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September 21, 2006

Harry Phibbs asks, how many highly successful books about life as a failure can any one person write? The Sound of No Hands Clapping: A Memoir - Toby Young

Posted by Harry Phibbs

The Sound of No Hands Clapping: A Memoir
by Toby Young
London: Abacus, 2006
Paperback, 11.99

The writer Toby Young is a colossal egotist and has managed to carve out fame and fortune for himself - as a failure. After his best selling book How To Lose Friends and Alienate People, which resulted in London publishing circles swooning, he has produced the next instalment, The Sound of No Hands Clapping. Yes, the critics have spotted the inherent contradiction.

The material is autobiographical, with a heavy dose of poetic licence. Young casts himself as a bumbling Frank Spencer figure always getting into scrapes. Often he will make politically incorrect comments, in the manner of Ali G, and then be startled by the indignation that results.

Certainly, Young is someone who over the years has been immensely pushy about getting a job but then often lackadaisical about keeping it. In the case of The Times he seems to have had a death wish. He gets his big break as a news trainee and here he takes up the story:

The editor of the time in those days was an old Fleet Street hand named Charlie Wilson and to pass the time I would spend five minutes in every morning trying to trick the office computer that I was him. I would enter his username and then try a dozen different passwords before giving up and logging on as myself. Then, one day, I hit upon the right password: "Top Man". Suddenly, I had access to all the paper's best-kept secrets. It was too good an opportunity to miss. I rooted through Charlie Wilson's "Personal" files and found a memo from the managing editor that included the salaries of every single Times executive. I immediately sent it to everyone in the building making it look as though it had come from the editor's terminal. For the rest of the day, Charlie Wilson had to contend with a succession of disgruntled employees, all of whom were demanding more money after learning how much some of their senior colleagues were being paid.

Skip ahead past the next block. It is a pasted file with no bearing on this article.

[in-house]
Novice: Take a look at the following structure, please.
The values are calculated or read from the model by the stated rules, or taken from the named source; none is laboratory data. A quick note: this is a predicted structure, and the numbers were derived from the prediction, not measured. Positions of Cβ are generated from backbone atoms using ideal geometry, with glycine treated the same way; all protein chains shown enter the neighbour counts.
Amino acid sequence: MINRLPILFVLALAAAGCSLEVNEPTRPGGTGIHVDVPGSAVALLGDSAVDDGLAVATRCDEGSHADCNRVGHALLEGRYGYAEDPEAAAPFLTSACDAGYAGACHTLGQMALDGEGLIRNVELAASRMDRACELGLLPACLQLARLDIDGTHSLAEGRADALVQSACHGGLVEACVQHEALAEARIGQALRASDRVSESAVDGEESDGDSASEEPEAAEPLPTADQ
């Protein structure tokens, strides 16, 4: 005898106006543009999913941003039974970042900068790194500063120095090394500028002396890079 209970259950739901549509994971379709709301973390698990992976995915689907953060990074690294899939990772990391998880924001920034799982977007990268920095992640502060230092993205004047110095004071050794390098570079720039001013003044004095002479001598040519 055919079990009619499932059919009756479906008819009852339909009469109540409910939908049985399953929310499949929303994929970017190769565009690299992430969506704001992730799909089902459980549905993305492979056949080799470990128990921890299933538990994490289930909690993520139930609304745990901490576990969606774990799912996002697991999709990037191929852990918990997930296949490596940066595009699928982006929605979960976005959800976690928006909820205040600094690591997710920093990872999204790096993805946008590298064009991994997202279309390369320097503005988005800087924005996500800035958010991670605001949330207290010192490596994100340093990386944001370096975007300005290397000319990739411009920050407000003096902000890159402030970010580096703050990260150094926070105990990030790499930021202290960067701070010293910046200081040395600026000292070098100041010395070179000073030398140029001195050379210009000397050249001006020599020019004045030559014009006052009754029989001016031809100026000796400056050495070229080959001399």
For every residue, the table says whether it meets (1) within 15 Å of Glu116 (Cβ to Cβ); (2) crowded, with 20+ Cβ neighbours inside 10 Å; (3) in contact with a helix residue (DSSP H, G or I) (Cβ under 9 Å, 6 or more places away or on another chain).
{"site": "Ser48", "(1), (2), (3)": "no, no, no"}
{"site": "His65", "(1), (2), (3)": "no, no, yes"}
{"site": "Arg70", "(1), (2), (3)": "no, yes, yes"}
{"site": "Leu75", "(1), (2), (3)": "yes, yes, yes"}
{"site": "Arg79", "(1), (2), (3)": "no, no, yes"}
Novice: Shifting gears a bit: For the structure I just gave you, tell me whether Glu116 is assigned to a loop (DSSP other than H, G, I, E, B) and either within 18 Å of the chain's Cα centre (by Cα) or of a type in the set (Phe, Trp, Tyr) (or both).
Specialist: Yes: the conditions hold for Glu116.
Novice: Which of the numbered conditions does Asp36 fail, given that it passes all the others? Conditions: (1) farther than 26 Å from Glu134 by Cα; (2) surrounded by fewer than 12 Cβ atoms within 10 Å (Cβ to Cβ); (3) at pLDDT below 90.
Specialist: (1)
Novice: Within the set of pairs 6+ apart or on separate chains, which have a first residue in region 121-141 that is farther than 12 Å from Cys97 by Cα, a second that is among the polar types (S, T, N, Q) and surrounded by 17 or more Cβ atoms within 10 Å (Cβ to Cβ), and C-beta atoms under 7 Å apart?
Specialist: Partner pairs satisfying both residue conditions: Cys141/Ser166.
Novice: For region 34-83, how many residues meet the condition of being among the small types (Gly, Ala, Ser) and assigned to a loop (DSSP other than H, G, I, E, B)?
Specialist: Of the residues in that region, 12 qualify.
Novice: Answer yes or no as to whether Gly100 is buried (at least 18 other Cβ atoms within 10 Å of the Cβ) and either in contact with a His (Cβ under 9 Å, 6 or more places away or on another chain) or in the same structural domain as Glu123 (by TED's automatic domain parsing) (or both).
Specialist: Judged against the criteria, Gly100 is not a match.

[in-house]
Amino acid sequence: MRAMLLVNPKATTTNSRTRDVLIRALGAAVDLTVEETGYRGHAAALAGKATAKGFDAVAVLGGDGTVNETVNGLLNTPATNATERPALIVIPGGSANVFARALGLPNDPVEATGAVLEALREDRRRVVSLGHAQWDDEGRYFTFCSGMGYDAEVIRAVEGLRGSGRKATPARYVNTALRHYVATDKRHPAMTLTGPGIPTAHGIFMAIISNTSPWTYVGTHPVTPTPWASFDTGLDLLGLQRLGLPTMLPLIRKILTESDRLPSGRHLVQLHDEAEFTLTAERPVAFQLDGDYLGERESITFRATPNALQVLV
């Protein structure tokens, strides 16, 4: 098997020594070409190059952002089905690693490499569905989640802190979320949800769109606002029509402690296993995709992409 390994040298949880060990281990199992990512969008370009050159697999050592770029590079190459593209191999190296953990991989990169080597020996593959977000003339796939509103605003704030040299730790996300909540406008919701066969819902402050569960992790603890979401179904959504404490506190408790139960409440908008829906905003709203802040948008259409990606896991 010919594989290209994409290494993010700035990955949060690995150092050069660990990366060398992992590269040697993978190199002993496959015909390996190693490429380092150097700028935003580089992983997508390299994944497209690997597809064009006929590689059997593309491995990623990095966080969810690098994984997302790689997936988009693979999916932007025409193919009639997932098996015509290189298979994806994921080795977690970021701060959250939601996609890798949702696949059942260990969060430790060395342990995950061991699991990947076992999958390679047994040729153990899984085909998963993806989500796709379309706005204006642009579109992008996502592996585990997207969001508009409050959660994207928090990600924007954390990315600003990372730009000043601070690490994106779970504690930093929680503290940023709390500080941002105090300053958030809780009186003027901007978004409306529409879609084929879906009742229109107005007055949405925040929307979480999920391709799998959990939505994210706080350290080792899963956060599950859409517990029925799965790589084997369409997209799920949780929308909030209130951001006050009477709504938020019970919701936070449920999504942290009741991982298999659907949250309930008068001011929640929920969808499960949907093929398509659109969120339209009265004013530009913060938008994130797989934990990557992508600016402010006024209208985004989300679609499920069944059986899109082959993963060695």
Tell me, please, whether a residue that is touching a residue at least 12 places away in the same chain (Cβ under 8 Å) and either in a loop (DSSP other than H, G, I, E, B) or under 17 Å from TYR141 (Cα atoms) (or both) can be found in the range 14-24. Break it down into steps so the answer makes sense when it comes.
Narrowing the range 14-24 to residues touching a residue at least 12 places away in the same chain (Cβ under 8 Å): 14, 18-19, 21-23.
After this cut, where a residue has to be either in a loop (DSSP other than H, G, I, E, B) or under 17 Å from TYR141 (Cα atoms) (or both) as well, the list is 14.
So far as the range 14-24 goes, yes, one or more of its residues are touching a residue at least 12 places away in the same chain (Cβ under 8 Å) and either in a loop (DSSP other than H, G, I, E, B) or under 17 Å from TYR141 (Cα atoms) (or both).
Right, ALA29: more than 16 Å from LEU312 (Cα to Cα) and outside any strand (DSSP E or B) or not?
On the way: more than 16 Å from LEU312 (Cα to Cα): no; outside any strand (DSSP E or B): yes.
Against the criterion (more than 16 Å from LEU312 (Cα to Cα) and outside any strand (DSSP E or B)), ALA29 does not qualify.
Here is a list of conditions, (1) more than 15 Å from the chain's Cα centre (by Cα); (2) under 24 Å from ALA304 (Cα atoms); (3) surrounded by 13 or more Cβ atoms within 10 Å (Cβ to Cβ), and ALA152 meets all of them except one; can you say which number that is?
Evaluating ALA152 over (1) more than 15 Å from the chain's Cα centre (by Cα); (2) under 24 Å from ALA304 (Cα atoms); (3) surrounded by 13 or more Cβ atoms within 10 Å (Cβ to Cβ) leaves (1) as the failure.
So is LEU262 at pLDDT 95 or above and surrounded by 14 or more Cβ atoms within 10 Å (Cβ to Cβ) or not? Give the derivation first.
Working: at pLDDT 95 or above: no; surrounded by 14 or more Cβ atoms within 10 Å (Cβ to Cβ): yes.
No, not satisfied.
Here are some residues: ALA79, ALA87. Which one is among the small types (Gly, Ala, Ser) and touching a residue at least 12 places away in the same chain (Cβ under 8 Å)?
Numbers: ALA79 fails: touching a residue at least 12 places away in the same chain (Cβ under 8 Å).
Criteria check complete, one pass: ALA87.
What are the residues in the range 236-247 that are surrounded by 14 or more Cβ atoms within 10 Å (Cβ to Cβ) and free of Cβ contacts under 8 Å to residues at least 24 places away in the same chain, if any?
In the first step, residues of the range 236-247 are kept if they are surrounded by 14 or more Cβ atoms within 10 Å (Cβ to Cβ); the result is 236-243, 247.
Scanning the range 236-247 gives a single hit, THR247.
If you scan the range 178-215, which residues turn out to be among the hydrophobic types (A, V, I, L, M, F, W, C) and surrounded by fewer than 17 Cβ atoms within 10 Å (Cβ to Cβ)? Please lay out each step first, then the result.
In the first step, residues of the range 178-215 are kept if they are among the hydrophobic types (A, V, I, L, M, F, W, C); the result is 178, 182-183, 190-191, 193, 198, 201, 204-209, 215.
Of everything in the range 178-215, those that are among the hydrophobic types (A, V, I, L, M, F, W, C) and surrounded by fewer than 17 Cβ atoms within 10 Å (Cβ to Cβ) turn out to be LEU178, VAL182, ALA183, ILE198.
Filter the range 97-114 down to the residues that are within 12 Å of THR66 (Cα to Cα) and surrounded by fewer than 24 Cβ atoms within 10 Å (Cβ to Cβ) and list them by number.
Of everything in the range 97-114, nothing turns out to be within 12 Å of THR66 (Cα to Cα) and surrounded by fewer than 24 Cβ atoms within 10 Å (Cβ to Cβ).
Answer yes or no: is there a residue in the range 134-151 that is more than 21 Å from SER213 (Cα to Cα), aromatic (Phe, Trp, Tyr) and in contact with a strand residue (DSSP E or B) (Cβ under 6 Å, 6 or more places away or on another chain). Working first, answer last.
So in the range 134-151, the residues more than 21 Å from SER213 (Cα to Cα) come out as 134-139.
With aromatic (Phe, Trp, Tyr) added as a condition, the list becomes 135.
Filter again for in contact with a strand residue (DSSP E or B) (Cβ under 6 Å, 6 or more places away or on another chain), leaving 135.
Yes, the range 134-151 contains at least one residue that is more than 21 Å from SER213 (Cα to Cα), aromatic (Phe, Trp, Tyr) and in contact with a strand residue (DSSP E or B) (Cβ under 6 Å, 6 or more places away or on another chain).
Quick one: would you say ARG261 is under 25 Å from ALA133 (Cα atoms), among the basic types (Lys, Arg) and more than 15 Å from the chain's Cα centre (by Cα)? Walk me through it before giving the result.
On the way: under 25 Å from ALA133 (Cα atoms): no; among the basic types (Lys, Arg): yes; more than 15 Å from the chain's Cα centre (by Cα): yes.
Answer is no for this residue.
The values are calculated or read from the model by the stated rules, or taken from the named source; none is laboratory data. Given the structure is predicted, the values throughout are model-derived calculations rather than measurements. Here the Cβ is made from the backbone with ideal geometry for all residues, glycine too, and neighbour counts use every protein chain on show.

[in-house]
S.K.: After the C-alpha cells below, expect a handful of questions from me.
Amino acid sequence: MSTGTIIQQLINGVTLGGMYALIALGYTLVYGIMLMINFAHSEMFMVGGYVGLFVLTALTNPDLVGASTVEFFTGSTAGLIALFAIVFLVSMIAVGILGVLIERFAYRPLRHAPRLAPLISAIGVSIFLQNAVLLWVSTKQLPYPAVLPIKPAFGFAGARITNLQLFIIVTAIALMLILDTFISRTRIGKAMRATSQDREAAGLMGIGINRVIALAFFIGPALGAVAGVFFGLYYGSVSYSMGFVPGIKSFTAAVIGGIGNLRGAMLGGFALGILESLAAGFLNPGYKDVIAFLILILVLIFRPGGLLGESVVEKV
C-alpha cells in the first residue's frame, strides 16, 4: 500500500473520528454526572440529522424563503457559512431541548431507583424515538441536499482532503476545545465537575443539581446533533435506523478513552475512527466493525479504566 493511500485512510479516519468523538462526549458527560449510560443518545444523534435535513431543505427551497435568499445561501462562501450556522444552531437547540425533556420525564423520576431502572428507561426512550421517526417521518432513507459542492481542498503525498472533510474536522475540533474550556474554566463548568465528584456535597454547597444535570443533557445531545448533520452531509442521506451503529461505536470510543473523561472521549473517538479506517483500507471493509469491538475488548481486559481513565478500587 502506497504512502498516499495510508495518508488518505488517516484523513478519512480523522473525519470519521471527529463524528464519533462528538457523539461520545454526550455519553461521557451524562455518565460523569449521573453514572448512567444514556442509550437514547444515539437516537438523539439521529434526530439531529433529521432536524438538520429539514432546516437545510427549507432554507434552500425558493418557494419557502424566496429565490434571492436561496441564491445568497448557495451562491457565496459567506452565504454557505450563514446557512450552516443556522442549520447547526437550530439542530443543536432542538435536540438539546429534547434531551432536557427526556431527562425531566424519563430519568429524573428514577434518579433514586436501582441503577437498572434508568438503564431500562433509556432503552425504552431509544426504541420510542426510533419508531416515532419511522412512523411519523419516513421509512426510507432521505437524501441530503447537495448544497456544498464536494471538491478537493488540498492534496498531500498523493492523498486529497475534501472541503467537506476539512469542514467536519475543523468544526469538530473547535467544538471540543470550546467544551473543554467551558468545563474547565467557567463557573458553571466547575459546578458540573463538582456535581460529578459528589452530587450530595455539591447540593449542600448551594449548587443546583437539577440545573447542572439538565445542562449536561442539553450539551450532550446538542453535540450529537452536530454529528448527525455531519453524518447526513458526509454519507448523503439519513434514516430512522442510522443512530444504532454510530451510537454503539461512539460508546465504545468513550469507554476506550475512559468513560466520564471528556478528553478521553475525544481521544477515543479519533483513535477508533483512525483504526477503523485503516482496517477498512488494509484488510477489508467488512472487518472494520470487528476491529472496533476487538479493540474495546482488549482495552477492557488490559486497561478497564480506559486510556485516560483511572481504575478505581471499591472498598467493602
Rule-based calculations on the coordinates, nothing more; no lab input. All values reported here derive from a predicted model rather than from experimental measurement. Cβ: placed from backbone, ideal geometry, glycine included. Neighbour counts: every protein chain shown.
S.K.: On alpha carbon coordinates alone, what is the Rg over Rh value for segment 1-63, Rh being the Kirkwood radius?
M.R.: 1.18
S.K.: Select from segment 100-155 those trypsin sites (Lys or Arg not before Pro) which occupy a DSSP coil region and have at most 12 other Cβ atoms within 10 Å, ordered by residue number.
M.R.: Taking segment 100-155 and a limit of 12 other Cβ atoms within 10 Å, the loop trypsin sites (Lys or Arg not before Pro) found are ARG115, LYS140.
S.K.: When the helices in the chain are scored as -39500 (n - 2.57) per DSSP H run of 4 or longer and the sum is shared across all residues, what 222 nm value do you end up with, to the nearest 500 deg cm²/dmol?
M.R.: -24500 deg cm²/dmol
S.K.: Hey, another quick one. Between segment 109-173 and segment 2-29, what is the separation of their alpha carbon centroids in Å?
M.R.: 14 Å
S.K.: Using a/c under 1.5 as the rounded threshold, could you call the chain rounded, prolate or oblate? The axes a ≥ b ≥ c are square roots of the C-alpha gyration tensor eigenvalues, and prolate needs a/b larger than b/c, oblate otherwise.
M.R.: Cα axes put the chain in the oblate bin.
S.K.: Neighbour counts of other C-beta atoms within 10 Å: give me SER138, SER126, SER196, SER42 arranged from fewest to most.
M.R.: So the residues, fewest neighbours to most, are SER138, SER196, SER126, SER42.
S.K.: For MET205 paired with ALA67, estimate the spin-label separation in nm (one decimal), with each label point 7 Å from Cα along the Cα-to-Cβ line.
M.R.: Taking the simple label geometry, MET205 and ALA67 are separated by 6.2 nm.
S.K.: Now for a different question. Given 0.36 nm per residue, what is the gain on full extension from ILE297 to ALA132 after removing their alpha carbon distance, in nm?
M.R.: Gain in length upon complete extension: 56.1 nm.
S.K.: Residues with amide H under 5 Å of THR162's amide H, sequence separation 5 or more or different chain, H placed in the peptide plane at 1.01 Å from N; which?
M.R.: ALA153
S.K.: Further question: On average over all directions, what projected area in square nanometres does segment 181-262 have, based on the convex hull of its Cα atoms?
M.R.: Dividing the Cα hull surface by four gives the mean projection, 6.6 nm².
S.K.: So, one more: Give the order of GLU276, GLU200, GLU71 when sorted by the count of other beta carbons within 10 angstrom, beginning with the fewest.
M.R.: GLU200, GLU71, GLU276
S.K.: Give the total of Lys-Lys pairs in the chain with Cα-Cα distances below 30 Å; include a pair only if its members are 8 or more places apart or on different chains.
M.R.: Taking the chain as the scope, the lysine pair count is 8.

Toby is not left wing and wasn't n his youth either - rather the contrary. So it was not a question of seeking to destroy Murdoch from within. As I say he was not lacking ambition. So why did he do it? It wasn't a moment of madness. Let us continue the story:
It took The Times's systems manager a week to find the source of the security breach and in the meantime I caused as much mischief as possible. My immediate boss was a languid jazz enthusiast named Richard Williams and when he got to work fifteen minutes late one morning I sent him a message, purporting to be from the editor, saying, "Move your fucking car. It's in my space". He leapt out of his chair as if he'd received a jolt from a cattle prod. On another occasion, posing as the editor, I sent a memo to everyone announcing that I'd taken the decision to ban smoking in the office. For the rest of the day, members of staff had to assemble in the stairwell to get their hourly fix, an inconvenience they found particularly galling given that Charlie Wilson - himself a 60 a day man - was wondering around with a Rothman's King size permanently dangling from his mouth.